• Former soldier shares his WWII experiences

    How often have people heard about the “Greatest Generation,” without thinking that there might be some of those people locally, who were part of the daunting experience of World War II?
    The Los Alamos Historical Society teamed with Mesa Public Library to bring forth the story, the artifacts and the experiences of war from the point of view of one Los Alamos citizen, Stephen D. Stoddard.  
    Stoddard served in WWII in the 55th Armored Infantry Division in Patton’s Third Army and was wounded in action in the Battle of the Bulge in 1945. He later served in the U.S. Army of Occupation in Germany near the Austrian border and was assigned a post in a former Night Fighter Base near Pocking that had been turned into a Displaced Persons’ Camp.

  • Green Team collects pet supplies

    “I’m excited about collecting supplies because these animals need them as a daily necessity,” said Charlotte Leonard, a seventh grade member of the Middle School Green Team.  
    She’s referring to the table the Green Team will man at Pajartio Environmental Education Center’s Earth Day celebration Saturday.  The group will collect old pet supplies — toys, bedding, leashes, food and treats — as well as gather donations to send to the Española Animal Shelter.
    Members of the seventh grade Green Team spent a day during their spring break volunteering at the shelter.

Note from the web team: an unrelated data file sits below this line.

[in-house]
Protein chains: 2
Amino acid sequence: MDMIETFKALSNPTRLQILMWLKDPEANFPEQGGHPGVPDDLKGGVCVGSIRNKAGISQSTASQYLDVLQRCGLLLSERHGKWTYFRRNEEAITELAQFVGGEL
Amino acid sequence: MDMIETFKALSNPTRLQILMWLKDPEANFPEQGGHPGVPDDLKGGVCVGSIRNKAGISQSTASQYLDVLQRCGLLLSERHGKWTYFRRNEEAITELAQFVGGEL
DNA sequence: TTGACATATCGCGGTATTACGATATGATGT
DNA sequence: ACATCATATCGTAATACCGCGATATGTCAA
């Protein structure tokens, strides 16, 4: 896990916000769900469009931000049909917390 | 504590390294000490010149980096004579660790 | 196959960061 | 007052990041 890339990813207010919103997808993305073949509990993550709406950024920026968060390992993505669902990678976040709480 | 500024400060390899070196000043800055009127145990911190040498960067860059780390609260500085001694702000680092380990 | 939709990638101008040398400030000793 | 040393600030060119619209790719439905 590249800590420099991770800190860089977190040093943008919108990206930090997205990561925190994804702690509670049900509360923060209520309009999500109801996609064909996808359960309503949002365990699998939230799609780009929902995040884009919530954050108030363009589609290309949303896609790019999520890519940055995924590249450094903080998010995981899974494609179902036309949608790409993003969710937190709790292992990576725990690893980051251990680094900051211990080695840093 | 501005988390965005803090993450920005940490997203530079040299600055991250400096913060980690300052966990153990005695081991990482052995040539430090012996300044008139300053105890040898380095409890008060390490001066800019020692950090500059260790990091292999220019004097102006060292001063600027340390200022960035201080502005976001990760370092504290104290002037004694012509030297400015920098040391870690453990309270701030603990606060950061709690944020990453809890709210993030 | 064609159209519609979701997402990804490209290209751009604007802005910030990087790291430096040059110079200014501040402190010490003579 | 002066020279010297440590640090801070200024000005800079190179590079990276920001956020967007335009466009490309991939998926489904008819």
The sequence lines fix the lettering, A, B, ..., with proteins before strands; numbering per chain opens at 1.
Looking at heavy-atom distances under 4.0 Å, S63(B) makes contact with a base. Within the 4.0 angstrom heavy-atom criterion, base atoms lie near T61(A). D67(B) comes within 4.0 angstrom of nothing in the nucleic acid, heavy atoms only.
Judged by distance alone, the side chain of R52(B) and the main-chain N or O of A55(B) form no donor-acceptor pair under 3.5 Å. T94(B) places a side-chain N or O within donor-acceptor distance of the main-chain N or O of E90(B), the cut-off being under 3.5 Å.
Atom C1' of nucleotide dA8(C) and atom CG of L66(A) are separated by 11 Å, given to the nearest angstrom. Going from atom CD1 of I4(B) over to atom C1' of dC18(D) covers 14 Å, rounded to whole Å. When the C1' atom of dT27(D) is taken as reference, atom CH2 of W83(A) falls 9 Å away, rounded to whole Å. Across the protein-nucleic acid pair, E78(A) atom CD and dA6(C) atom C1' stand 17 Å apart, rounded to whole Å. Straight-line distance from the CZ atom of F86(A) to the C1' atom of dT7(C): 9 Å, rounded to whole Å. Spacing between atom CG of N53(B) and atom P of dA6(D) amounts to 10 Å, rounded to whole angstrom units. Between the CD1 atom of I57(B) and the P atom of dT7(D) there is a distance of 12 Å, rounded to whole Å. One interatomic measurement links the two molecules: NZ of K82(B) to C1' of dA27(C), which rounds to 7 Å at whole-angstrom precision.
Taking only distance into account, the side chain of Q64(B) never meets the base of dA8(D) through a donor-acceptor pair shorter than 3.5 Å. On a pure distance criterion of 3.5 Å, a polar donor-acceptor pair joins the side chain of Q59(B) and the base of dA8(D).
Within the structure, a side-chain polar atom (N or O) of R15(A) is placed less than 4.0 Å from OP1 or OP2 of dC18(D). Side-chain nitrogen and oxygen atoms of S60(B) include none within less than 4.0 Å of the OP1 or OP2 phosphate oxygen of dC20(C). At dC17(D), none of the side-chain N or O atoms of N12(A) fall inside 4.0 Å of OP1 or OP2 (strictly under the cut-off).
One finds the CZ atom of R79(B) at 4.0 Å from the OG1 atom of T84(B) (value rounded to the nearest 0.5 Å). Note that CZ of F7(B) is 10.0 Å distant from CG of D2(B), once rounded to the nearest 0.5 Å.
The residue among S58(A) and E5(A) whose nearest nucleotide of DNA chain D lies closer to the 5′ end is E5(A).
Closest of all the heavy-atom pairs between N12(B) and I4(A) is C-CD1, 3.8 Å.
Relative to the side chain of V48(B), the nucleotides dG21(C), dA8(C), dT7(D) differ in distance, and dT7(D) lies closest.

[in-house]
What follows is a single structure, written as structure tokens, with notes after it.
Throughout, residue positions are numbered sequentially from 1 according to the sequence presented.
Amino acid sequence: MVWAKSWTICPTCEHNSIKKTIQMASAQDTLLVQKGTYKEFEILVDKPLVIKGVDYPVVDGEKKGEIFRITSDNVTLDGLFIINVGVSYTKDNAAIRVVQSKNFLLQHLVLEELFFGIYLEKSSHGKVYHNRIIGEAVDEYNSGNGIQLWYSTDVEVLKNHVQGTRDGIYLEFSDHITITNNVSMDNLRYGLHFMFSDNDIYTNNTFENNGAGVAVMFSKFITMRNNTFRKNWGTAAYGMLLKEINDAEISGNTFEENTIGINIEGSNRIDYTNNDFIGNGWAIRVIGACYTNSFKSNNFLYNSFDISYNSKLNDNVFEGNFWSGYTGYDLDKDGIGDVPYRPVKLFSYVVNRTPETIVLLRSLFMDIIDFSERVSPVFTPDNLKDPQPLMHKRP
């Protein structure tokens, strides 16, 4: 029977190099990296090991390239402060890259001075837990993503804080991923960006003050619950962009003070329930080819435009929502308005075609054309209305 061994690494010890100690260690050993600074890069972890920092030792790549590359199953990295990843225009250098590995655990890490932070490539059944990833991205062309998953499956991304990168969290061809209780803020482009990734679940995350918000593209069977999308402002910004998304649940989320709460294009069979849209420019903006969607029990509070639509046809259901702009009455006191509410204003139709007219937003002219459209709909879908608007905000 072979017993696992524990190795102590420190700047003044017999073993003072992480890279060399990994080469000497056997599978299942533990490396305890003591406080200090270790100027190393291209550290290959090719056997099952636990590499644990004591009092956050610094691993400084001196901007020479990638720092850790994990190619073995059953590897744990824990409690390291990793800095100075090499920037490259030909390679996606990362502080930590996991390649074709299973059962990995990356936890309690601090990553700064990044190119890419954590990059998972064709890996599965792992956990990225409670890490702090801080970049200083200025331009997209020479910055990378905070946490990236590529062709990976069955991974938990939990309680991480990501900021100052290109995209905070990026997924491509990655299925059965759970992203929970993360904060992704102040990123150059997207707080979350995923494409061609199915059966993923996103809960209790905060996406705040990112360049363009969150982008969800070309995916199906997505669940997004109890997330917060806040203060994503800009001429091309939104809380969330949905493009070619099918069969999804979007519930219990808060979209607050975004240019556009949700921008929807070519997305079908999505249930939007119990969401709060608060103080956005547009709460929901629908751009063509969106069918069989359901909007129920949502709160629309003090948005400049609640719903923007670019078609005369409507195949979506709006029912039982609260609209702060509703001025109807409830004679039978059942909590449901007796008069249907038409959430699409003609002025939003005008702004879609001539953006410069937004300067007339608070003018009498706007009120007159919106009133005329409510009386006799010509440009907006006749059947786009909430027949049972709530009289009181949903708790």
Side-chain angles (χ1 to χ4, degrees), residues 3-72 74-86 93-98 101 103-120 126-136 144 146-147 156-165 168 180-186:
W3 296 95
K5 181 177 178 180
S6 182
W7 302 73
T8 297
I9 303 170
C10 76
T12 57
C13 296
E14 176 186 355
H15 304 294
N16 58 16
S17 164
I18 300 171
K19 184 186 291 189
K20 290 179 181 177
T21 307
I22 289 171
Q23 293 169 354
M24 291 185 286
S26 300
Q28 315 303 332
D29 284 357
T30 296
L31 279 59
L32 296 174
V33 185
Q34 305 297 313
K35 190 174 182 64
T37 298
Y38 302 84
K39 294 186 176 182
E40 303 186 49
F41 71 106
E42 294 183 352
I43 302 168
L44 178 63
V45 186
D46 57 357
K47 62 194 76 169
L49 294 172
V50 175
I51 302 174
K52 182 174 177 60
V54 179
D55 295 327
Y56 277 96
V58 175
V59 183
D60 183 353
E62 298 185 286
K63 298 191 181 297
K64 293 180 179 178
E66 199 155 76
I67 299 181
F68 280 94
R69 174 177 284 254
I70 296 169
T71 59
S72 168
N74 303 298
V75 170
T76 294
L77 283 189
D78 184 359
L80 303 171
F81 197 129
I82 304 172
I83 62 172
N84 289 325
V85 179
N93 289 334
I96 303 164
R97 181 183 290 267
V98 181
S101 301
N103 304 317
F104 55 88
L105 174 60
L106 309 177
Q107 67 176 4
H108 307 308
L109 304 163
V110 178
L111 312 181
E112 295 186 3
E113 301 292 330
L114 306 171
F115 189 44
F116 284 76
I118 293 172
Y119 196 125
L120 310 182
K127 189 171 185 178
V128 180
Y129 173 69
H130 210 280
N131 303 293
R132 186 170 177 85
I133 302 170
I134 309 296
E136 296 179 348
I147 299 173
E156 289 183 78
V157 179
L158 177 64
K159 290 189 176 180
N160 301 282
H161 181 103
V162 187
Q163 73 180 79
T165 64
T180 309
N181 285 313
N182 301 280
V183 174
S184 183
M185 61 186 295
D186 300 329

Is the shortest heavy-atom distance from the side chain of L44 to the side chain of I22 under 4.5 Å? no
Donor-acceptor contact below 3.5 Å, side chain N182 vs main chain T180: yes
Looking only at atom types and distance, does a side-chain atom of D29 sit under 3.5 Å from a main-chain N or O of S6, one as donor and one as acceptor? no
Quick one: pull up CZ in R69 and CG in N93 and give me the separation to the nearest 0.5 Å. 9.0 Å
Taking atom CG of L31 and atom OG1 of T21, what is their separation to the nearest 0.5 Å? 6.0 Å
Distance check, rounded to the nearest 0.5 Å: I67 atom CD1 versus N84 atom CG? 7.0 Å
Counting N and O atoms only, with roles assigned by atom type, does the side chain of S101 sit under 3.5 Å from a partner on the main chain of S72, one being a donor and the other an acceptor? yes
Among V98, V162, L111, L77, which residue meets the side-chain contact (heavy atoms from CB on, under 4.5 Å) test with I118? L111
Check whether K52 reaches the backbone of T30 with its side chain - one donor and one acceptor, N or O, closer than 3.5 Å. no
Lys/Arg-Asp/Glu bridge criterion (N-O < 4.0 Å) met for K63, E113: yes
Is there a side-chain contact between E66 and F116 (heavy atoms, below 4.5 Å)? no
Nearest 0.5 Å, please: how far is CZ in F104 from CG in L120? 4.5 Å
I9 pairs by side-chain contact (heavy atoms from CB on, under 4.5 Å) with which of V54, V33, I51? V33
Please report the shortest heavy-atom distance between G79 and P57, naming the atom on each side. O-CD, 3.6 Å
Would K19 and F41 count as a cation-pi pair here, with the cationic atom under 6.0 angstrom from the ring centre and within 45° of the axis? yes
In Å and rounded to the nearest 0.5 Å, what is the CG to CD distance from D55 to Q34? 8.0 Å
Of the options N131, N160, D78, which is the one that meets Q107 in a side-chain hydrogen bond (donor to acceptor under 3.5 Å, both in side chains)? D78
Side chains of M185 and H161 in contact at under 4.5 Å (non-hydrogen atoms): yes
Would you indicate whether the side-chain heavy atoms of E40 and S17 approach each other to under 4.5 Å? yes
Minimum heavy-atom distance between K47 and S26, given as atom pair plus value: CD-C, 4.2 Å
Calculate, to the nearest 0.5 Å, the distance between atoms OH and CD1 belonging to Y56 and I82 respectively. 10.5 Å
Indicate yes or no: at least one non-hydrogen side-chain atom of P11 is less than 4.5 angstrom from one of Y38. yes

• Los Alamos Concert Assocation presents MetalesM5

    Celebrate Mother’s Day and join the Los Alamos Concert Association for its final concert of the 2010-2011 season at 4 p.m. May 8 in Duane Smith Auditorium. The concert features Metales M5 Mexican Brass Quintent.

  • Rhetoric pushes bounds of civility

    I am compelled to respond to recent letters to the Los Alamos Monitor regarding the proposed improvements to N.M. 502, locally named Trinity Drive. One was published April 16, written by  Anthony Amsden and the other printed April 19, in the ViewPoint section, by Norman Delamater.
    These writers echo the opinions of a number of vocal detractors, and both of these writers are under the false impression that four lanes means better traffic flow. If one were to consider only the difference between four and two lanes, they would be correct, but they are missing the point.
    The alternatives, in the extremes, are four lanes with traffic lights (more or less our current situation), and two lanes with no traffic lights (Option A1).

  • Johnson could inject dose of reality in to presidential race

    A comment I used to hear a lot during Gary Johnson’s two terms as governor was, “Gary is just Gary.”
    Gary being Gary made him an ineffective governor, but as a candidate for president? Bring him on!
    That’s because, in these times of the coached, coifed and vacuum-sealed candidate with the entourage of handlers and spinners, the candidate who manages to be just himself is a breath of fresh air.
    When Johnson makes a statement, we know it’s his honest opinion and not the product of focus groups and polls.
    Johnson doesn’t pander.